Selfish Empty Space

It’s easier to declutter a space than it is to maintain it. Once you have a space cleared off, it feels so good, but unless daily habits have been changed there’s reasonable chance that the empty space will become a catch all once again. When you feel like you’re in the constant cycle of clutter, declutter, and reclutter, only self-awareness will bring relief to the frustrations that arise from repeating the cycle. So while it may be doable to declutter and organize a whole room or even an entire house, committing to maintain it is a lofty goal. Decluttering is a slow process. True decluttering is essentially reversing life long habits that we all have because we live in a world that pushes and tempts us to over consume.

True decluttering is the adversary. It’s looking inward and noticing the weak spots. It’s walking into a store two steps ahead of the purchase you would have made and realizing that you don’t really have a good enough reason to buy it. The feeling of excitement that will live short-term after treating yourself will fade within a few days once it becomes one. more. thing. to manage at home. Where do you shop when you’re bored, upset, mad, or feel deserving? What are the things you can’t let go because of fear, anxiety, sadness, or security? The answer to these questions is where we find our two steps ahead.

Our stuff is just stuff and while our stuff does provoke feeling and recounts memories, our stuff does not have feelings. A pair of shoes feels good around your feet, but that pair of shoes has no feeling on your feet. But let me get off my soap box and get back to the point of this post – maintaining a clutter free home. It’s one thing to create habits to get rid of clutter. It’s another thing to create habits to maintain less clutter. Insert the Selfish Empty Space.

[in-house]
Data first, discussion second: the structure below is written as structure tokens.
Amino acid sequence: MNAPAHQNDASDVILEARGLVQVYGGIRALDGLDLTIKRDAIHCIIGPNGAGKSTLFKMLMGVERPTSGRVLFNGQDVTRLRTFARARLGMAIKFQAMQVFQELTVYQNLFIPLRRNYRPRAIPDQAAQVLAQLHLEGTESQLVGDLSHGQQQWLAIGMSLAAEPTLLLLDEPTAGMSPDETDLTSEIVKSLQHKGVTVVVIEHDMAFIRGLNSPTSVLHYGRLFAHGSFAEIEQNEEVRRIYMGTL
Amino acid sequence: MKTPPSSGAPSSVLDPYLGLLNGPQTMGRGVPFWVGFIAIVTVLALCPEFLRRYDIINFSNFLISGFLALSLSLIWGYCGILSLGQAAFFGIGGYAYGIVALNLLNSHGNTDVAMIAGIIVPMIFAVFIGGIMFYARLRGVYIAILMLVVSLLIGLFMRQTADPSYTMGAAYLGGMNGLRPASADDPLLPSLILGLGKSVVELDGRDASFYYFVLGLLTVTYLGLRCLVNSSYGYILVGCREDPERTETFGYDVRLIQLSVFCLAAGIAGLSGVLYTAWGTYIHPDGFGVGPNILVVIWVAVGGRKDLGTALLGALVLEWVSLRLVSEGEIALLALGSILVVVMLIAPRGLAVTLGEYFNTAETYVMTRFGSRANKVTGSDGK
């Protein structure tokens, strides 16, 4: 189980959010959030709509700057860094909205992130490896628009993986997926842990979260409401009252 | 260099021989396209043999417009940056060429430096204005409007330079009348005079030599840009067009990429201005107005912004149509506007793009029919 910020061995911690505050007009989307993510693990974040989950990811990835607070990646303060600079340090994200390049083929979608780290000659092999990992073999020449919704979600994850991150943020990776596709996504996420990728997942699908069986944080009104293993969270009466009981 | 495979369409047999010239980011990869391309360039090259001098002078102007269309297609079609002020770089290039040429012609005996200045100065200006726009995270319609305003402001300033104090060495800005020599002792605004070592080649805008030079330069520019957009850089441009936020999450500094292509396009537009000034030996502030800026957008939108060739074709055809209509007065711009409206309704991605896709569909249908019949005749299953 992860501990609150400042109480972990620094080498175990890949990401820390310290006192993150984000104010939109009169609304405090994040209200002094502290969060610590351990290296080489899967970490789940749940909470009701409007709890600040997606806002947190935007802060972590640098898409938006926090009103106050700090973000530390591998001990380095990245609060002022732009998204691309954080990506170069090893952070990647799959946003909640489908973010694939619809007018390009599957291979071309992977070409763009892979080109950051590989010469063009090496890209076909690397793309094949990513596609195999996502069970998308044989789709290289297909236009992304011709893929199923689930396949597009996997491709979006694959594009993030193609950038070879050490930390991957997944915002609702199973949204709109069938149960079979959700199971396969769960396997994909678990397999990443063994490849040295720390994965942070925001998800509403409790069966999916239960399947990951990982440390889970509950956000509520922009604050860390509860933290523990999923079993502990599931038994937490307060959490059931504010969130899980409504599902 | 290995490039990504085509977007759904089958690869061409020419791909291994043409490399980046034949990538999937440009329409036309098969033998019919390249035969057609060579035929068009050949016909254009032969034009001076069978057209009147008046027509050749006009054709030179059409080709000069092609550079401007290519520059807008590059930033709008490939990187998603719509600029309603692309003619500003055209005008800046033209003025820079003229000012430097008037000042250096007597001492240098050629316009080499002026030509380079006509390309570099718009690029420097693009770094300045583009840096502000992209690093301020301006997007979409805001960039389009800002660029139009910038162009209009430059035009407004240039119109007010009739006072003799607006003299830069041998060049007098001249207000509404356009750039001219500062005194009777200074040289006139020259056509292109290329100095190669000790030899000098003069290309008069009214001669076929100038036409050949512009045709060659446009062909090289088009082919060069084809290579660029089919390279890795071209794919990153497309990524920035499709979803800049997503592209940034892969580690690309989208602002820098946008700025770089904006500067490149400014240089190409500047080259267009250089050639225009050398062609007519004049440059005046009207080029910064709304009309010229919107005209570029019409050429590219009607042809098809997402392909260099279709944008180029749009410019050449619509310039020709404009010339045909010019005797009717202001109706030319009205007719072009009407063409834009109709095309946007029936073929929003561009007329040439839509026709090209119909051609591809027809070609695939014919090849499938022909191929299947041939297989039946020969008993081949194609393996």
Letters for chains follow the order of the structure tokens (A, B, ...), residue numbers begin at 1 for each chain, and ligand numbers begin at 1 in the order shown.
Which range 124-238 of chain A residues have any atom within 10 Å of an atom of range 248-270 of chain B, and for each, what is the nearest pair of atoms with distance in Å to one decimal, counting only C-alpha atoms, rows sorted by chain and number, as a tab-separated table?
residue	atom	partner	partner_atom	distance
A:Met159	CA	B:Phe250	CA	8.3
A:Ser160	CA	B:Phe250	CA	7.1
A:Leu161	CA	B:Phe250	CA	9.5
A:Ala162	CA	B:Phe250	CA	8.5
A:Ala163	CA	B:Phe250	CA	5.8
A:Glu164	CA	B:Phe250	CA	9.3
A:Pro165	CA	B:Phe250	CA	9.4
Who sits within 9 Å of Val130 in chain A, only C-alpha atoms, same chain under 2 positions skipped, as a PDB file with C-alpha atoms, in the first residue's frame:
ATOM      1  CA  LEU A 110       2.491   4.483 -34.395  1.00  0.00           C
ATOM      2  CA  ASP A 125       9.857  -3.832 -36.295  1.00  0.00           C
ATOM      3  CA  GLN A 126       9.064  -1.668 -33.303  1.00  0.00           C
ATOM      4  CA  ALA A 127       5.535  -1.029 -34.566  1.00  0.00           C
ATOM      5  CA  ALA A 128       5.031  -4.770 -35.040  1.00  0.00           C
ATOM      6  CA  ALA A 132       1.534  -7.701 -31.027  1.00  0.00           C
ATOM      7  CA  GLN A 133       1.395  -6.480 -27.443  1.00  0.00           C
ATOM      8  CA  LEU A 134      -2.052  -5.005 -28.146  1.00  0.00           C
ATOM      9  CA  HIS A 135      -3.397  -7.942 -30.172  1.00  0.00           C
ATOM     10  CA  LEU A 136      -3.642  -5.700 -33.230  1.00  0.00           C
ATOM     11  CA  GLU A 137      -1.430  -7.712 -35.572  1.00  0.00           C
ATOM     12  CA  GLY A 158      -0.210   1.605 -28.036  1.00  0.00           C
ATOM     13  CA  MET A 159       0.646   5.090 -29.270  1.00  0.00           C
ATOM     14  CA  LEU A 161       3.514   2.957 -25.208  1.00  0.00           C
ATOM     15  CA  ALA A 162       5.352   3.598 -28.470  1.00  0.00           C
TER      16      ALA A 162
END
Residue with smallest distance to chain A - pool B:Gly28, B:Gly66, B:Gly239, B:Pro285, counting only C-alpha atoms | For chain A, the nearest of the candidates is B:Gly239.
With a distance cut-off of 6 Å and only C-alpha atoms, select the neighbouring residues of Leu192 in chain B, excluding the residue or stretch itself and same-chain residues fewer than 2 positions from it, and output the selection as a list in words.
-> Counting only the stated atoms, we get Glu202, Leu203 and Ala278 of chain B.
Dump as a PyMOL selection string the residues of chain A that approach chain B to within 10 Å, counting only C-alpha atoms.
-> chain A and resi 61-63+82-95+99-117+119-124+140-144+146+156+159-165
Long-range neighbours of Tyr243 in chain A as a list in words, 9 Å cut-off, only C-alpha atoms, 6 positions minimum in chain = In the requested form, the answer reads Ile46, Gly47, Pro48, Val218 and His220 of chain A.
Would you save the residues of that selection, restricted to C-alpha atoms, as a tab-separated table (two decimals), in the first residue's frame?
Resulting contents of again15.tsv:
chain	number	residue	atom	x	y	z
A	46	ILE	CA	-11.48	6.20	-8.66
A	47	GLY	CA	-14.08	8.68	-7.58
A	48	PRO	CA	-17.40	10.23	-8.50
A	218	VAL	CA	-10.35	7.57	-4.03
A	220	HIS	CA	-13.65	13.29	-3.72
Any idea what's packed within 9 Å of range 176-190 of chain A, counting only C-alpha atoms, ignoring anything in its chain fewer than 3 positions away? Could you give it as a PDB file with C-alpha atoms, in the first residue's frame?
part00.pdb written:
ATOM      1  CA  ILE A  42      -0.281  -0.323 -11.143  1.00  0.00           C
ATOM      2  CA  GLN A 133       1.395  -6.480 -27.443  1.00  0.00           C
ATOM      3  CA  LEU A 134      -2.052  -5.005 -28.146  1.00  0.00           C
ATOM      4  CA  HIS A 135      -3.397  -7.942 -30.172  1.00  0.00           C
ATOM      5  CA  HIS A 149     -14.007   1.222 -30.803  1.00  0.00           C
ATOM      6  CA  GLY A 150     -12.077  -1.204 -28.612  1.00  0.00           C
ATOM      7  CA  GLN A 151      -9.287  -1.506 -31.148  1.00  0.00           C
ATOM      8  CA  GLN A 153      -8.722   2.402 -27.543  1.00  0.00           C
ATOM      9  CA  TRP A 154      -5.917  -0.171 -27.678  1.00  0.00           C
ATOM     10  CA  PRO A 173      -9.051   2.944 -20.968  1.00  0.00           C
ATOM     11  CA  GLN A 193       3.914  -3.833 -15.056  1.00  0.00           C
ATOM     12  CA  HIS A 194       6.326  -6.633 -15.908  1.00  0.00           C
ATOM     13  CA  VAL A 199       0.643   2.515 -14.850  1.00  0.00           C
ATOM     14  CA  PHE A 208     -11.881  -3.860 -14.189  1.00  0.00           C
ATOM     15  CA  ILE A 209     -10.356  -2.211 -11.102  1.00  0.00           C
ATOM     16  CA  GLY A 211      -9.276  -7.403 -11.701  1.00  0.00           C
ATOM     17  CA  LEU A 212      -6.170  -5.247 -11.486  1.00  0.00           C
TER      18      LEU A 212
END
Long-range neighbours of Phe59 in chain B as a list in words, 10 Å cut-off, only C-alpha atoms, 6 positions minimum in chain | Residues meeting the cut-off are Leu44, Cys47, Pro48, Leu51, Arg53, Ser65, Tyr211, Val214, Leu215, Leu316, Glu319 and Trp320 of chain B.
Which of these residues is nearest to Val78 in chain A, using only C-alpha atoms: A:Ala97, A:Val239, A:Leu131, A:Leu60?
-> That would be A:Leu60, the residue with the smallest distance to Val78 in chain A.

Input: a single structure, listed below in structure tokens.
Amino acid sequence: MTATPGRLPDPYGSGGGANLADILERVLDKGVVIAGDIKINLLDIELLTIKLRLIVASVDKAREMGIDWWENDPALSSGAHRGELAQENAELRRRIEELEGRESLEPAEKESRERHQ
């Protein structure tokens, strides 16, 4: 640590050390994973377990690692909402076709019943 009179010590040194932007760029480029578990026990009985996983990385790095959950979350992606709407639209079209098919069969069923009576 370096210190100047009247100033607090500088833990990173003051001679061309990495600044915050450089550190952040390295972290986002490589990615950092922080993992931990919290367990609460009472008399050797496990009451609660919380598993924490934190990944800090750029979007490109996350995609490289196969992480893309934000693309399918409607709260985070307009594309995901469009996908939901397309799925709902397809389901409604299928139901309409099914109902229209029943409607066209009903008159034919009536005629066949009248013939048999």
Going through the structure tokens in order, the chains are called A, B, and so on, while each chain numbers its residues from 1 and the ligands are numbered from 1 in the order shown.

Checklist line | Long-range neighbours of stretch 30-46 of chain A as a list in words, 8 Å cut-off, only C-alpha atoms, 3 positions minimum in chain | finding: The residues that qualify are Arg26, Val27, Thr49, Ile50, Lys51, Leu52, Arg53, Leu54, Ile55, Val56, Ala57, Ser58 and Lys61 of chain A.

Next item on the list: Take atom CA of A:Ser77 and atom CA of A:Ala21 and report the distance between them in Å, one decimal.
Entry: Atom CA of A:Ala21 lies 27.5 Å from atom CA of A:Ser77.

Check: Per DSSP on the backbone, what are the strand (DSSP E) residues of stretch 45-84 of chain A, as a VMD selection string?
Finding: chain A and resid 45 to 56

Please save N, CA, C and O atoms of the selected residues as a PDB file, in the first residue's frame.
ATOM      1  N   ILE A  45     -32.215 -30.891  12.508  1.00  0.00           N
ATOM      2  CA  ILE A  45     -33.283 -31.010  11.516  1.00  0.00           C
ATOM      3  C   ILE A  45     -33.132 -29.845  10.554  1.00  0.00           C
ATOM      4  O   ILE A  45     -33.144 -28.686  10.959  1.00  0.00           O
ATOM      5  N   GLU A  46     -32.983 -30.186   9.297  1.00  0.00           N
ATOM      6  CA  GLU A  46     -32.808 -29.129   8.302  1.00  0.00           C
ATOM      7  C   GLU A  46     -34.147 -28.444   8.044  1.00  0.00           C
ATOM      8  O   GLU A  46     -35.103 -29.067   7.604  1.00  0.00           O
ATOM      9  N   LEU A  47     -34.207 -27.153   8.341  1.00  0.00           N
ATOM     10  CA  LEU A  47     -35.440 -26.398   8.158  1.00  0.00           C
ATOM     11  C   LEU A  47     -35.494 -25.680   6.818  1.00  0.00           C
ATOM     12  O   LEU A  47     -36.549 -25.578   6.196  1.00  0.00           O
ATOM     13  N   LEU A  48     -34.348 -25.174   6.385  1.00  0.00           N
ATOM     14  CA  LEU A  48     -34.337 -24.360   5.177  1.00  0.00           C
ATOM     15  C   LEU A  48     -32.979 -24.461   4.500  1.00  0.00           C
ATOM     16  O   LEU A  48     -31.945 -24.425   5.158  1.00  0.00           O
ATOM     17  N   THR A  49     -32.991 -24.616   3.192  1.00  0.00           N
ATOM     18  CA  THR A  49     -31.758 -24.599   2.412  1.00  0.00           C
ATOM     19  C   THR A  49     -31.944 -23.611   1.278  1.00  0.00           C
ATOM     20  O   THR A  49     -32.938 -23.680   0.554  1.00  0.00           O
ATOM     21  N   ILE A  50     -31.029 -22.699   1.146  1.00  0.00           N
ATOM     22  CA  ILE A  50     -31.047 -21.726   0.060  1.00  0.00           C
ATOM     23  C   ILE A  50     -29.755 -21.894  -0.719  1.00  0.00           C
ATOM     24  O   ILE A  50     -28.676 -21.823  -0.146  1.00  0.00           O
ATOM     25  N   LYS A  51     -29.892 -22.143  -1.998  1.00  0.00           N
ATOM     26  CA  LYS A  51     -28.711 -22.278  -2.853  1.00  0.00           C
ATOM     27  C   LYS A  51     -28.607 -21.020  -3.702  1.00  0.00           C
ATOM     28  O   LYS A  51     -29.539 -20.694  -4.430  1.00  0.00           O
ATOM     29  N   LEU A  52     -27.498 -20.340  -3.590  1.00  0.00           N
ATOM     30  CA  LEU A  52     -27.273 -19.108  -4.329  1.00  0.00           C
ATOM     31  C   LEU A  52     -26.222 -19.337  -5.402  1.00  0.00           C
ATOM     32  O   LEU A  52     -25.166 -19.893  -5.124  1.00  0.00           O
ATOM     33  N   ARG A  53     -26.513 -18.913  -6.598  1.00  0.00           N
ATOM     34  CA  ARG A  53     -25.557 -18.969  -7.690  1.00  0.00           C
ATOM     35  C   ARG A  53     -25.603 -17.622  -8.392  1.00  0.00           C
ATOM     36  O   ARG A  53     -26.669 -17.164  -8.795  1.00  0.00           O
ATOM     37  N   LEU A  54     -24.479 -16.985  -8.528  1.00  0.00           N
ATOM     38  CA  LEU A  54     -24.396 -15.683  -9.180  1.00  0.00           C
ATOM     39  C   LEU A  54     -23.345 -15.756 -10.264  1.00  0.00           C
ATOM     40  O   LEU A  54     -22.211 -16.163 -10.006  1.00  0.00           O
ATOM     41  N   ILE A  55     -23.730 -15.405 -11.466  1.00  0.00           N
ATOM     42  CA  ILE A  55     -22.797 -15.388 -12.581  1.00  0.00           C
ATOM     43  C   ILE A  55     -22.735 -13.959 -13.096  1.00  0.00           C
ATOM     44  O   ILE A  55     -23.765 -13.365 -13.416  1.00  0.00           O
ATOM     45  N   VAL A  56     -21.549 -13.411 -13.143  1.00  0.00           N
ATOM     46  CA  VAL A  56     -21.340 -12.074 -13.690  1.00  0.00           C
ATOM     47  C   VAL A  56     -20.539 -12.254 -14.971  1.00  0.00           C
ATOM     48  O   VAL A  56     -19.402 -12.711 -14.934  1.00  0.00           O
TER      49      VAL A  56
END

Have you ever created a goal so lofty that you practically gave up before you even tried? The thought was nice and maybe you felt pumped up about it for a day or two, but once you really started to think about the nitty, gritty, that goal seemed exhausting and near impossible. This is practically the story of my life (Enneagram, Type 7). Let’s not ever feel that way about decluttering our home, because living life with a manageable amount of stuff is absolutely something worth trying to obtain. The benefits of coming home to a peaceful, tidy space, day-after-day will improve nearly every aspect of your life. Anything that gives you back your time, gives you back a piece of your life.

The Selfish Empty Space is a baby step to maintain an entire room and an entire room is a bigger baby step to maintain an entire house. I call it selfish because you get to protect it. Noone gets to leave clutter in your selfish space. It’s kept empty solely to jump start your declutter journey. Let’s get used to getting rid of stuff and also keeping stuff gone. The selfish empty space is practice in the keeping stuff gone part.

Pick one space in your home that is cluttered, for example underneath a console table, or a cluttered end table, or perhaps a bed piled up with laundry. You may have several cluttered spaces but you want to pick one to focus on above all else. Even better if it can be a place of retreat, like a special chair by a window.

Regardless of how much you purge, commit to keeping that one space clutter-free no matter what. It’s much easier to commit to keeping one table top clean than a whole room. This may sound too simple, but what it will do is give your eye a place of rest on days when clutter seems to be creeping back up in the rest of the room. Even if you end up on the cycle back to reclutter, that one space is still progress you’ve made.

Once you’ve maintained that Selfish Empty Space for a while and the rest of the room is following suit, then it’s time to keep a Selfish Empty Room. Start small. Perhaps, keep two selfish empty spaces before keeping an entire room. Use those baby steps to expand your habits throughout the entire house. It takes time, sometimes a long time but keeping one space dedicated to progress reminds you that change is possible. You can do it!

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